Biochemistry Student Dives Into COVID-19 Research During Internship

Monday, September 14, 2020
Colin Beach smiling at his desk with a model of the coronavirus shown on his computer screen.

Biochemistry student Colin Beach analyzed the characteristics of the coronavirus and the causes for its resultant illnesses during a remote internship this past summer with Health & Science Innovations.

After more than six months as a fixture in the news and social media, most everyone is familiar with the model of the SARS-CoV-2 virus causing the COVID-19 pandemic that has disrupted lives across the world.

But few have really looked inside into what makes up the coronavirus molecule, like student Colin Beach did this past summer.

As a research assistant with Indianapolis-based Health & Science Innovations, the junior biochemistry student analyzed the characteristics of the virus and the causes for its resultant illnesses, some of them deadly. From these investigations, Beach and other student researchers proposed an inhalable medication combination to improve treatments for those infected.

“It was interesting since our work focused on such an important health issue that is COVID-19,” he said. “My team’s main goal was to effectively educate others on the biological functions of the virus and the pandemic it produced.”

Also, Beach helped develop and study COVID-19 pre- and post-tests to track progress for other students participating in the company’s summer education programs.

Beach’s internship was unique because of its partnership with the Gregory S. Fehribach Center at Eskenazi Health in Indianapolis. The center provides and supports internship opportunities for students with disabilities like Beach, who is blind in one eye, while also providing him the opportunity to attend several online guest speaker events regarding professional development.

All of this happened from inside Beach’s home in Dayton, Ohio.

“My team primarily used Google Files to share and complete our technical work, while the scholarly articles and data we analyzed were found through online databases of highly accredited organizations like National Institutes of Health and World Health Organization,” he stated. “We also completed an online course on COVID-19 contact tracing from John’s Hopkins Medicine, as well as a few laboratory simulations from the online learning program Labster. Direct oversight came from Health & Science Innovations’ research and development manager, as well as other staff. General oversight also came from officials at the Fehribach Center.”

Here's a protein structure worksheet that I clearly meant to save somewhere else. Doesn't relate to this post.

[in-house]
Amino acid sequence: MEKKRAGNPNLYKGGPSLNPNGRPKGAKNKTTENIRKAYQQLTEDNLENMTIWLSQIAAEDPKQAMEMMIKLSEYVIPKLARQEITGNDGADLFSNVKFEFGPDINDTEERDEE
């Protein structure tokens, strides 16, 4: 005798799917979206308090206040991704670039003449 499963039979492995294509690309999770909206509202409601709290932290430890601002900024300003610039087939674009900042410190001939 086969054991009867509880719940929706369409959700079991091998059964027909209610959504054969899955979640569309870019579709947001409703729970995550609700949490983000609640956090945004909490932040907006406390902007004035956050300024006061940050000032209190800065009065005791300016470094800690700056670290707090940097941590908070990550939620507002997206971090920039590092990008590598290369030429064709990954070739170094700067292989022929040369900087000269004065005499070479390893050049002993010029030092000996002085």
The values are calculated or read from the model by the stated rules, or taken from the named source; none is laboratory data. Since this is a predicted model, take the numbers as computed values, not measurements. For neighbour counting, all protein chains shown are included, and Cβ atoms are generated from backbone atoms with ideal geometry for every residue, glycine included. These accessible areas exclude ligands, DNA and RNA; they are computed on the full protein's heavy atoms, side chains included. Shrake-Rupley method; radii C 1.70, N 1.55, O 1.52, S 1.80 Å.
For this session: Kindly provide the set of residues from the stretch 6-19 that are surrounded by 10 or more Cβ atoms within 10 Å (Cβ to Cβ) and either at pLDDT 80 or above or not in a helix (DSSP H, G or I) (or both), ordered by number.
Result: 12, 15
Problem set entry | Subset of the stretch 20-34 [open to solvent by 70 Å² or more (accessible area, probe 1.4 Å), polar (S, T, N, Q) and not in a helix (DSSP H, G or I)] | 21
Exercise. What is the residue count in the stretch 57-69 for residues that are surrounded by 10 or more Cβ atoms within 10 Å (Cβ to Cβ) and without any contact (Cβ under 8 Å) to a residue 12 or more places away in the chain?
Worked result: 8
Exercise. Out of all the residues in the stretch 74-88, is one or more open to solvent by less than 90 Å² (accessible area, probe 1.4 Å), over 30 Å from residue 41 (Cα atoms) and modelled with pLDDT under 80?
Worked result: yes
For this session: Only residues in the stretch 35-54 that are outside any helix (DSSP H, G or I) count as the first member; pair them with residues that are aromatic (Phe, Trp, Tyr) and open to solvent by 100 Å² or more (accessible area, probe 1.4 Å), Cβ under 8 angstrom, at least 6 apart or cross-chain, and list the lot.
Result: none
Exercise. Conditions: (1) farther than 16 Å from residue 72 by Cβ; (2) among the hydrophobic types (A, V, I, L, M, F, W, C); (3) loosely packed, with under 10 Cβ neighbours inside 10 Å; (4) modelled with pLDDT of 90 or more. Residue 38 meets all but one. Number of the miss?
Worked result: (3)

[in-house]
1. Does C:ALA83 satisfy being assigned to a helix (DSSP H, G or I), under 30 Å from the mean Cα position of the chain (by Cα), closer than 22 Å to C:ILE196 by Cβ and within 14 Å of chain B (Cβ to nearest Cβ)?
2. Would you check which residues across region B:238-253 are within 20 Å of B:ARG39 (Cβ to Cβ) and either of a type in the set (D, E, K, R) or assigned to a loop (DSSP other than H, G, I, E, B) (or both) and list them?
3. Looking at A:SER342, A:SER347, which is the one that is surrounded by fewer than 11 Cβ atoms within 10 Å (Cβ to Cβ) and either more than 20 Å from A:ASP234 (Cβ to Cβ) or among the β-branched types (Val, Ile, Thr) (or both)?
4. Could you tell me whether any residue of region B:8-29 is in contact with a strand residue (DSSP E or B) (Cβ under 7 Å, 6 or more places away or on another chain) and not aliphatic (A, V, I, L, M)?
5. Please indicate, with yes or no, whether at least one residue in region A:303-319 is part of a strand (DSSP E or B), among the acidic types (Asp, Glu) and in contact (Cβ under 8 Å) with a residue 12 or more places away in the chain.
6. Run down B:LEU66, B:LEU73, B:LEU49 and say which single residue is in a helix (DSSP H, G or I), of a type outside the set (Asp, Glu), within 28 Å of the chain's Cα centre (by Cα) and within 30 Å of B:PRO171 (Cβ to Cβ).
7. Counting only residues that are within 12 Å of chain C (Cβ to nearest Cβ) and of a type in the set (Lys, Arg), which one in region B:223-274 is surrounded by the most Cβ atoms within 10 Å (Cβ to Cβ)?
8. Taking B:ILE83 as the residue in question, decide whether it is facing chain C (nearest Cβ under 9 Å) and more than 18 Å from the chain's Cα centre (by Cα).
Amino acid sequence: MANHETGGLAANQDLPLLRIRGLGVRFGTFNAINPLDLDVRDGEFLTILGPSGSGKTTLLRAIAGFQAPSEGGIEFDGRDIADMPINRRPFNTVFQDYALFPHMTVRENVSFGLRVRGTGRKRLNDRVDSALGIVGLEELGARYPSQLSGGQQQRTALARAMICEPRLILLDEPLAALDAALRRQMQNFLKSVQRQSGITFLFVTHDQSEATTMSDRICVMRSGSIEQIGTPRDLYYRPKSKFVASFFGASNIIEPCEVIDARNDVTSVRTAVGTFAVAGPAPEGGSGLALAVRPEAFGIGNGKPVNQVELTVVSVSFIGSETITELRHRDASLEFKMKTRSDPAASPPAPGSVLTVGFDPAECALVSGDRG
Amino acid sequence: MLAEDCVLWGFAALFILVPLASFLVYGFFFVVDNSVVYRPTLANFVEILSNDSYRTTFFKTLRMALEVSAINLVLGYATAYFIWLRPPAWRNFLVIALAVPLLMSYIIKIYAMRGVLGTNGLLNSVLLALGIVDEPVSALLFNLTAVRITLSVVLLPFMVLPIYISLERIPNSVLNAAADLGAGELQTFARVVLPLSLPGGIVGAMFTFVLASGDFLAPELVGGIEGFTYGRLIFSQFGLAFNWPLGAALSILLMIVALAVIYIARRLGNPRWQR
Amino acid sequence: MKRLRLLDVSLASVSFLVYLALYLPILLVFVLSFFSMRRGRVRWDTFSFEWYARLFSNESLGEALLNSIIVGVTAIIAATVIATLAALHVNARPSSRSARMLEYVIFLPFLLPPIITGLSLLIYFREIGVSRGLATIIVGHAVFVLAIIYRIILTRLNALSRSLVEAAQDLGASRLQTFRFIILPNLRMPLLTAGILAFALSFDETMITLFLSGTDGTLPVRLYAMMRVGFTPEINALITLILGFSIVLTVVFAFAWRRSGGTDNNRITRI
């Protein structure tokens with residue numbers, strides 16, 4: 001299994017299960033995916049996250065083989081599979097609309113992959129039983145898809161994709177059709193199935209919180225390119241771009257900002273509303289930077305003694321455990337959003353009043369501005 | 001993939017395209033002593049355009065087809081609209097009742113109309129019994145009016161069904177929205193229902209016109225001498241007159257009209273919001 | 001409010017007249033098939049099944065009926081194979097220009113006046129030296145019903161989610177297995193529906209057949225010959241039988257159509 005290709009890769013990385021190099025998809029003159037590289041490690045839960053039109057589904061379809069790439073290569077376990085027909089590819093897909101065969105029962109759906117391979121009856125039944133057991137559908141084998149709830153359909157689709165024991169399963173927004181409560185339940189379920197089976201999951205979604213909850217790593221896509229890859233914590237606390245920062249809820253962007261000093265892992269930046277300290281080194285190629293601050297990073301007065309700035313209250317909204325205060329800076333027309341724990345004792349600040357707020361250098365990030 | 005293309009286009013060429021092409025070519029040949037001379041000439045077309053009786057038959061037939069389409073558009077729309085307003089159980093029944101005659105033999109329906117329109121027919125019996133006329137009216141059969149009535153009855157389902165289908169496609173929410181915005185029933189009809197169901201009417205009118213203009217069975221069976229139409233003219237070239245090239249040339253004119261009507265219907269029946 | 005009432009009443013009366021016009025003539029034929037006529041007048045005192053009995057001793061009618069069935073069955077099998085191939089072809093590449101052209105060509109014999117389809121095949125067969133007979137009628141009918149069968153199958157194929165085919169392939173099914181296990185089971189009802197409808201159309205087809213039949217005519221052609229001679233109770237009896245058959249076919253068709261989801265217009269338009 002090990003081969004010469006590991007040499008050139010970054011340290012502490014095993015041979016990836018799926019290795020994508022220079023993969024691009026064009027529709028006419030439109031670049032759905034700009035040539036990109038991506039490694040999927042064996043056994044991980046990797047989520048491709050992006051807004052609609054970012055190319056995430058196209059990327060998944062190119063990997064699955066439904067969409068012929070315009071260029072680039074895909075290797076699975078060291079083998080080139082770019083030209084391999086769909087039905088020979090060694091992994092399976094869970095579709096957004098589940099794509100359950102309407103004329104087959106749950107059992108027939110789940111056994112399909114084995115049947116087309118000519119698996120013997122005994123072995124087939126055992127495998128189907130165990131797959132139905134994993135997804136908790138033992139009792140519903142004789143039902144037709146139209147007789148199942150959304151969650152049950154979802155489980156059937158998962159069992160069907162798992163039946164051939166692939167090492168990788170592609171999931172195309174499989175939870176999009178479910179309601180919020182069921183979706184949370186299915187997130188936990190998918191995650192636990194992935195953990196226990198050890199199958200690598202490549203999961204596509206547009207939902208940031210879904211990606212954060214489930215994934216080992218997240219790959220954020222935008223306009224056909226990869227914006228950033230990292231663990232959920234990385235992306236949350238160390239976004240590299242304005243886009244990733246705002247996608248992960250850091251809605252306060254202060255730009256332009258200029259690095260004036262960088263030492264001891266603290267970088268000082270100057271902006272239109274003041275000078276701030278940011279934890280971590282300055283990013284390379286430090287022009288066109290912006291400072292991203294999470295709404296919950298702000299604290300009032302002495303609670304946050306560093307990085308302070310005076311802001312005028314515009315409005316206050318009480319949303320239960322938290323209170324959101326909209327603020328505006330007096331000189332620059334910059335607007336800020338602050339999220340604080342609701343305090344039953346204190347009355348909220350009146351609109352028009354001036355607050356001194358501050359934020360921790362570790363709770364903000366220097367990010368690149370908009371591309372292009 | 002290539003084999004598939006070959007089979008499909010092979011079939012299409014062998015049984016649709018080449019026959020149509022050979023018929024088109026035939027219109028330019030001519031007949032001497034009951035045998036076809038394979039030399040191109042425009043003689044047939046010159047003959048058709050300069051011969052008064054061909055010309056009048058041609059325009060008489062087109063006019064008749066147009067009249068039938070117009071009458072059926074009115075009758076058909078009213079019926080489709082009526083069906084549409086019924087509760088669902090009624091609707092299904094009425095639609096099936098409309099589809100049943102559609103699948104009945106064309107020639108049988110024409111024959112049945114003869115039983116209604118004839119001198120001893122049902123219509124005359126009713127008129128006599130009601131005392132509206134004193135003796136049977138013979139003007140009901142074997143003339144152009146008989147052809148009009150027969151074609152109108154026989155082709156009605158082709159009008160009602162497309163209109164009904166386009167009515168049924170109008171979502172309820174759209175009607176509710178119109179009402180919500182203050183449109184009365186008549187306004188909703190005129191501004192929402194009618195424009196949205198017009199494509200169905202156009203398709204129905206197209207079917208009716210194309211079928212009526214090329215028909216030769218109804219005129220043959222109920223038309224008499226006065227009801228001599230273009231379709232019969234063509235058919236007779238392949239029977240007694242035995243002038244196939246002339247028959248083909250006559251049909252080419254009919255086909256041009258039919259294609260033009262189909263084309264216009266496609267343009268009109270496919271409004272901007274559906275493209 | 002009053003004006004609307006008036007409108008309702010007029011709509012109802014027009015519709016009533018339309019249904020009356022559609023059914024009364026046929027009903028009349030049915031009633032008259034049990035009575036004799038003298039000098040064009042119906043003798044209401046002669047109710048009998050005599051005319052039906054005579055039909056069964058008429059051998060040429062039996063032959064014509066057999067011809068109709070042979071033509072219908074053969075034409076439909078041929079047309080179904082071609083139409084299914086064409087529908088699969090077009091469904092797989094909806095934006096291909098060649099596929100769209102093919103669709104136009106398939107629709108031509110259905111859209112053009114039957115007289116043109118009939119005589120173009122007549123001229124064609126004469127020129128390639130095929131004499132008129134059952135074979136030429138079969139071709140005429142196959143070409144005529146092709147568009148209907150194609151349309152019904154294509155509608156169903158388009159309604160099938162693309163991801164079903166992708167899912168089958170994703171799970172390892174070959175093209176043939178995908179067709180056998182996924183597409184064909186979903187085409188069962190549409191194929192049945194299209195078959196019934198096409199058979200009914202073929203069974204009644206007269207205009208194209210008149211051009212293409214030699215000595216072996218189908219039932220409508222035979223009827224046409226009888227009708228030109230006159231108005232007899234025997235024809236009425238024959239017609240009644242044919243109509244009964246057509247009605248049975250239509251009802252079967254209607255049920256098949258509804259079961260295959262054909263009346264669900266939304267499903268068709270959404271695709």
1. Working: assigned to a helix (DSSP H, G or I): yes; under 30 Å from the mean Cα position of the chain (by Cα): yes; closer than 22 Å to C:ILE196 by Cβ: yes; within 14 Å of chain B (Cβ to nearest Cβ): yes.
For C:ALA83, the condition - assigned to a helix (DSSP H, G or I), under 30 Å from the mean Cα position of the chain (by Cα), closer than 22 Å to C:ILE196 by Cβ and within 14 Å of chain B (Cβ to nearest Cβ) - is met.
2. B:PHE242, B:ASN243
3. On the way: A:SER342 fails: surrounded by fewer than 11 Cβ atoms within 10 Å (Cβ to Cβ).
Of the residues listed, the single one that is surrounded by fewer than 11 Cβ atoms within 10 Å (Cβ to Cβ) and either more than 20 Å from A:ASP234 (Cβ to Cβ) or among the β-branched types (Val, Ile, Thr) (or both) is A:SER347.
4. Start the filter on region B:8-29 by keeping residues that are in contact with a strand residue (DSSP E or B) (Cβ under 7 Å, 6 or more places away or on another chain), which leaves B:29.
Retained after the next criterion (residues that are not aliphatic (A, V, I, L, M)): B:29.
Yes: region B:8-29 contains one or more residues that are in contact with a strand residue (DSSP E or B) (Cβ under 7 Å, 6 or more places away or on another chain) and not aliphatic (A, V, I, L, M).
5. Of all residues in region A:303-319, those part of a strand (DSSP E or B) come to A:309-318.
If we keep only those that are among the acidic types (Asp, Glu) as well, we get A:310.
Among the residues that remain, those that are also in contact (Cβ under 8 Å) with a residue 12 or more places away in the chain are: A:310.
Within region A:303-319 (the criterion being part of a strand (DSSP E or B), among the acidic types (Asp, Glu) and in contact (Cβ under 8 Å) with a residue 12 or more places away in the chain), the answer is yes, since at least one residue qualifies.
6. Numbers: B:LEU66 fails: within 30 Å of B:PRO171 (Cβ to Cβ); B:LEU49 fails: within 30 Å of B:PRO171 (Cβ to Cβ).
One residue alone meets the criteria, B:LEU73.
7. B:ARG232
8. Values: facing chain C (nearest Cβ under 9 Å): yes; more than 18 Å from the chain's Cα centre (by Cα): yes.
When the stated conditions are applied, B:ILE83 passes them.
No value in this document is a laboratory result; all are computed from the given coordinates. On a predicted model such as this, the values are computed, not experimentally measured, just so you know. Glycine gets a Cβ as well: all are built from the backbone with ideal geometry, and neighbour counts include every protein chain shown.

Over the course of the remote internship, Beach and colleagues were able to analyze dozens of scholarly articles, give a detailed research presentation to community leaders, and submit an executive summary of their work. He attributes much of this success to skills nurtured at Rose-Hulman.

“In my biochemistry major, a lot of coursework is focused on labs and research. Just from my first two years at Rose-Hulman, I have already performed a diverse set of laboratory and analytical projects, and as such have a very solid background of experience in research,” he said. “Major classes like organic chemistry, microbiology, biophysics, and nanomedicine have all offered their own unique perspectives on research and its real-world applications. From each of these classes, and more, I have developed a comprehensive skillset that assisted me with the scholarly article reading, data analysis, presentation preparation, and technical communication that my internship required.”

This summer’s internship helped further define Beach’s plans to attend graduate school. He’s hoping to focus on research in the biomedical sciences to develop innovations that could improve people’s health.

He has returned to Rose-Hulman this fall to take a new course examining the history of epidemics and the development of public health, along with classes and lab sessions in bioanalytical chemistry, biochemistry, and physical chemistry. He will get to do even more research as he begins his undergraduate biochemistry research project. Outside of academics, Beach is also a two-year varsity letterman on the varsity swimming team and front page editor of the student newspaper, The Rose Thorn.